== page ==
A years-long conservation project undertaken by experts at the Rijksmuseum on the institution’s most famous painting, Rembrandt’s , has revealed a previously unknown preparatory sketch hidden beneath the artist’s beloved masterpiece.
The three-stage project, which involved 30 conservators working over the course of nearly three years, has led to the discovery of several changes the artist made during his painting process.
The museum has now released a “calcium map” of the painting where the picture’s underlying bones—and Rembrandt’s decisions to rearrange them—have come to light.
“We always suspected Rembrandt must have made a sketch on the canvas before embarking on this incredibly complex composition, but we didn’t have the evidence,” Rijksmuseum director Taco Dibbits said in a statement.
“It is fascinating to see Rembrandt searching for the right composition,” he added. “We have discovered the genesis of .”
On the top right portion of the work, for example, Rembrandt initially imagined an army of spears that he took out of the final composition. He also removed the feathers from militiman Claes van Cruijsbergen’s cap, perhaps because it struck him as a distraction.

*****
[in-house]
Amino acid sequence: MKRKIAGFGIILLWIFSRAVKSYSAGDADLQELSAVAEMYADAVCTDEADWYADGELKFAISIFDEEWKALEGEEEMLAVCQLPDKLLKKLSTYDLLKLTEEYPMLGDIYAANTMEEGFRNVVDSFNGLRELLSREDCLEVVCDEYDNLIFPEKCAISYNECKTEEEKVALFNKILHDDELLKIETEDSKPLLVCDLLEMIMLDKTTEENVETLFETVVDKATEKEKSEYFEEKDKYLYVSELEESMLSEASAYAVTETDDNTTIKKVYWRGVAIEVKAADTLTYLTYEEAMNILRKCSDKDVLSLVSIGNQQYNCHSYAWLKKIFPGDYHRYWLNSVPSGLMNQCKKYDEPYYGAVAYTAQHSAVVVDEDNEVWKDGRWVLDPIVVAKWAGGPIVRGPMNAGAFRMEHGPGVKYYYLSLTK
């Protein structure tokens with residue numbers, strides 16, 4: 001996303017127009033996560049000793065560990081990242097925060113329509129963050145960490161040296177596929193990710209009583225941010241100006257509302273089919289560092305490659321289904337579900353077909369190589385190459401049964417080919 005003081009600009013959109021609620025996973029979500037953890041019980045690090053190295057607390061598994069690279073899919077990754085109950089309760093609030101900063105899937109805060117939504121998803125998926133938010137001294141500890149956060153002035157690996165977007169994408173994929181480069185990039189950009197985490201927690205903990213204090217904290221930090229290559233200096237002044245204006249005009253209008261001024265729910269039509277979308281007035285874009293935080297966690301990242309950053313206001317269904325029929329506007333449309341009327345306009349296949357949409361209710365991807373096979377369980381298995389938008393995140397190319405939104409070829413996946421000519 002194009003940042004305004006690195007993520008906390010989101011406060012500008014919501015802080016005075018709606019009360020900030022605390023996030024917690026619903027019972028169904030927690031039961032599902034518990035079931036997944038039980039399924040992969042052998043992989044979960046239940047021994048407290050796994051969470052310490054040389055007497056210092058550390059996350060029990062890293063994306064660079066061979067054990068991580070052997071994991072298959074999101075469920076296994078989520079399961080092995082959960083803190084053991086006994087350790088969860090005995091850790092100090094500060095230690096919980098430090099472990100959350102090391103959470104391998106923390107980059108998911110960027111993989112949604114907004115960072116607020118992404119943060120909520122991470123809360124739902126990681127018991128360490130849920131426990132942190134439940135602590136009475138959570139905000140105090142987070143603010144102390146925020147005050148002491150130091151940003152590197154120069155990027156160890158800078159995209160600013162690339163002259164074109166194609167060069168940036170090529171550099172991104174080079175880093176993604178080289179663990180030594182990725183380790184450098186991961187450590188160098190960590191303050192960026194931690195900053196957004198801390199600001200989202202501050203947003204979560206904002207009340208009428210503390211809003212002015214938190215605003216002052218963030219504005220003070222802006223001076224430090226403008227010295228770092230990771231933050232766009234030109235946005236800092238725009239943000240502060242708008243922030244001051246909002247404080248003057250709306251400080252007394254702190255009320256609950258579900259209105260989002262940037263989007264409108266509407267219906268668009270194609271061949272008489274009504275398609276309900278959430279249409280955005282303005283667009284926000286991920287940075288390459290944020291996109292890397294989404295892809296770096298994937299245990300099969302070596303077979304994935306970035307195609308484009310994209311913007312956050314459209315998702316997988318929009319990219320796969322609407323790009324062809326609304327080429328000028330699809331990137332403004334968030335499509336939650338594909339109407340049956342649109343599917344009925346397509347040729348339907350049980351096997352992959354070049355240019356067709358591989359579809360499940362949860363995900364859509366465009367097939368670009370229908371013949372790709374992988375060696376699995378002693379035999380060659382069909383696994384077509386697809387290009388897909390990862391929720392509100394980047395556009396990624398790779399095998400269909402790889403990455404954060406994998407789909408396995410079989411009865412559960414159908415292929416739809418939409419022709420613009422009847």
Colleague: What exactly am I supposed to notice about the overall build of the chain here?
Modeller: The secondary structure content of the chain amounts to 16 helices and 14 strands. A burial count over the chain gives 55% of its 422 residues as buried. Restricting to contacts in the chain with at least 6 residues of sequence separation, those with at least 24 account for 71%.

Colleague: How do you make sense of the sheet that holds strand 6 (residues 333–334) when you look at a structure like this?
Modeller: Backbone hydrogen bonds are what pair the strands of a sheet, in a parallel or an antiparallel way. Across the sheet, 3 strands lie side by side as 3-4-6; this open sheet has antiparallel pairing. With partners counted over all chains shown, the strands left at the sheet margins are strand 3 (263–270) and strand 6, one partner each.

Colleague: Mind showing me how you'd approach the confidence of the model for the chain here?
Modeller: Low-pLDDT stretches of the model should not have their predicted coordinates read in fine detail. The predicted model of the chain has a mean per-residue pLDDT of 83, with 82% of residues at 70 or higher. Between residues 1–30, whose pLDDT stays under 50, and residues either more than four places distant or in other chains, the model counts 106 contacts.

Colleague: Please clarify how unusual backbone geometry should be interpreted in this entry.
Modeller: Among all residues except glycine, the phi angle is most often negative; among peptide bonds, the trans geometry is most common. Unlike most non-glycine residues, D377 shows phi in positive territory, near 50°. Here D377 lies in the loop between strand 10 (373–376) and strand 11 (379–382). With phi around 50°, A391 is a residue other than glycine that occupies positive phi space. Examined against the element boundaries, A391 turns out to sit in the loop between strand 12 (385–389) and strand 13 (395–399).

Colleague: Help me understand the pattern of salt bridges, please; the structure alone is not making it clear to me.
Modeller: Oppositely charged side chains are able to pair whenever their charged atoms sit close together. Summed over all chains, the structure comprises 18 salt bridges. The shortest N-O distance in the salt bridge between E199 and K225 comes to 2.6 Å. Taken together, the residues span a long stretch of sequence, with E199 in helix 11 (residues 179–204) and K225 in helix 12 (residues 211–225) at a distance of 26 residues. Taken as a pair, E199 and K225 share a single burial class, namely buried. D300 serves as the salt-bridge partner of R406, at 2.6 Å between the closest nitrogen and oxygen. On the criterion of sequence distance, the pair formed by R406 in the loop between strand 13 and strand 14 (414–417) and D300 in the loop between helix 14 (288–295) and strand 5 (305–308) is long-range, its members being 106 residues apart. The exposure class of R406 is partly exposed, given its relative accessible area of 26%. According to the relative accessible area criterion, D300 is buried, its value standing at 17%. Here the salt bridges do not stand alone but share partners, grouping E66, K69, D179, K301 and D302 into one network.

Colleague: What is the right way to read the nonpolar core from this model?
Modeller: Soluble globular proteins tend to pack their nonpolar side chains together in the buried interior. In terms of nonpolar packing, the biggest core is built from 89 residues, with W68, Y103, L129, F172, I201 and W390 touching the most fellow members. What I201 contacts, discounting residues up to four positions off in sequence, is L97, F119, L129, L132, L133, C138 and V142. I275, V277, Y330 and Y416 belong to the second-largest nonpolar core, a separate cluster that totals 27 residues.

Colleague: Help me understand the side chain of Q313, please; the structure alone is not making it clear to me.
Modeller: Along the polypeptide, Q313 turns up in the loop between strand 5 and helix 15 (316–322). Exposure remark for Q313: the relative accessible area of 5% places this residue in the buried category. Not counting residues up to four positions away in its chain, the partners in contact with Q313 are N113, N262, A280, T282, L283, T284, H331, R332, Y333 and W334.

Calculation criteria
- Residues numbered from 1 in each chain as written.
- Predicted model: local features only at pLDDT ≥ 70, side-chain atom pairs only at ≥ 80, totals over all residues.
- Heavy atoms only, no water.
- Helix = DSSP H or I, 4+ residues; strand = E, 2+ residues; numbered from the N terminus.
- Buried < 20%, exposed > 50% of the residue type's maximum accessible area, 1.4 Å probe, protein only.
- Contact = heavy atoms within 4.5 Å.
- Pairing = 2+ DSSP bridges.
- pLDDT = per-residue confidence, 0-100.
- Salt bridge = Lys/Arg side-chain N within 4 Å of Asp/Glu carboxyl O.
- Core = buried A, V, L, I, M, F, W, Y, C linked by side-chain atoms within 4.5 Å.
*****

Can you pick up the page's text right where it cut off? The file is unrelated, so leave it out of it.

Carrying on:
“Each new detail gives us another insight into Rembrandt’s creative process: his original idea, his thought processes, and his material and artistic choices,” Petria Noble, the head of the museum’s painting conservation department, said in a statement.
“All these discoveries now prompt us to look at Rembrandt’s other paintings with different eyes—we now know what we should be looking for.”
Yet the discoveries—which curators made while working in a public gallery, with the painting inside a glass box, visible to museum visitors—are not all delightful.
The biggest issue is a series of ripples that developed across the picture after it was moved in 2003 as the museum began a decade-long overhaul. Another issue appears at the bottom right of the work, where a picture of a dog has deteriorated significantly.
To address these problems and others, the painting will be removed from its frame for three months and straightened out.
Yet the problems have not damped the museum’s spirits.
“We are currently able to look beneath the surface of the paint better than ever before and now we have the proof, giving us a real understanding for the first time of how the painting was made,” Dibbits said.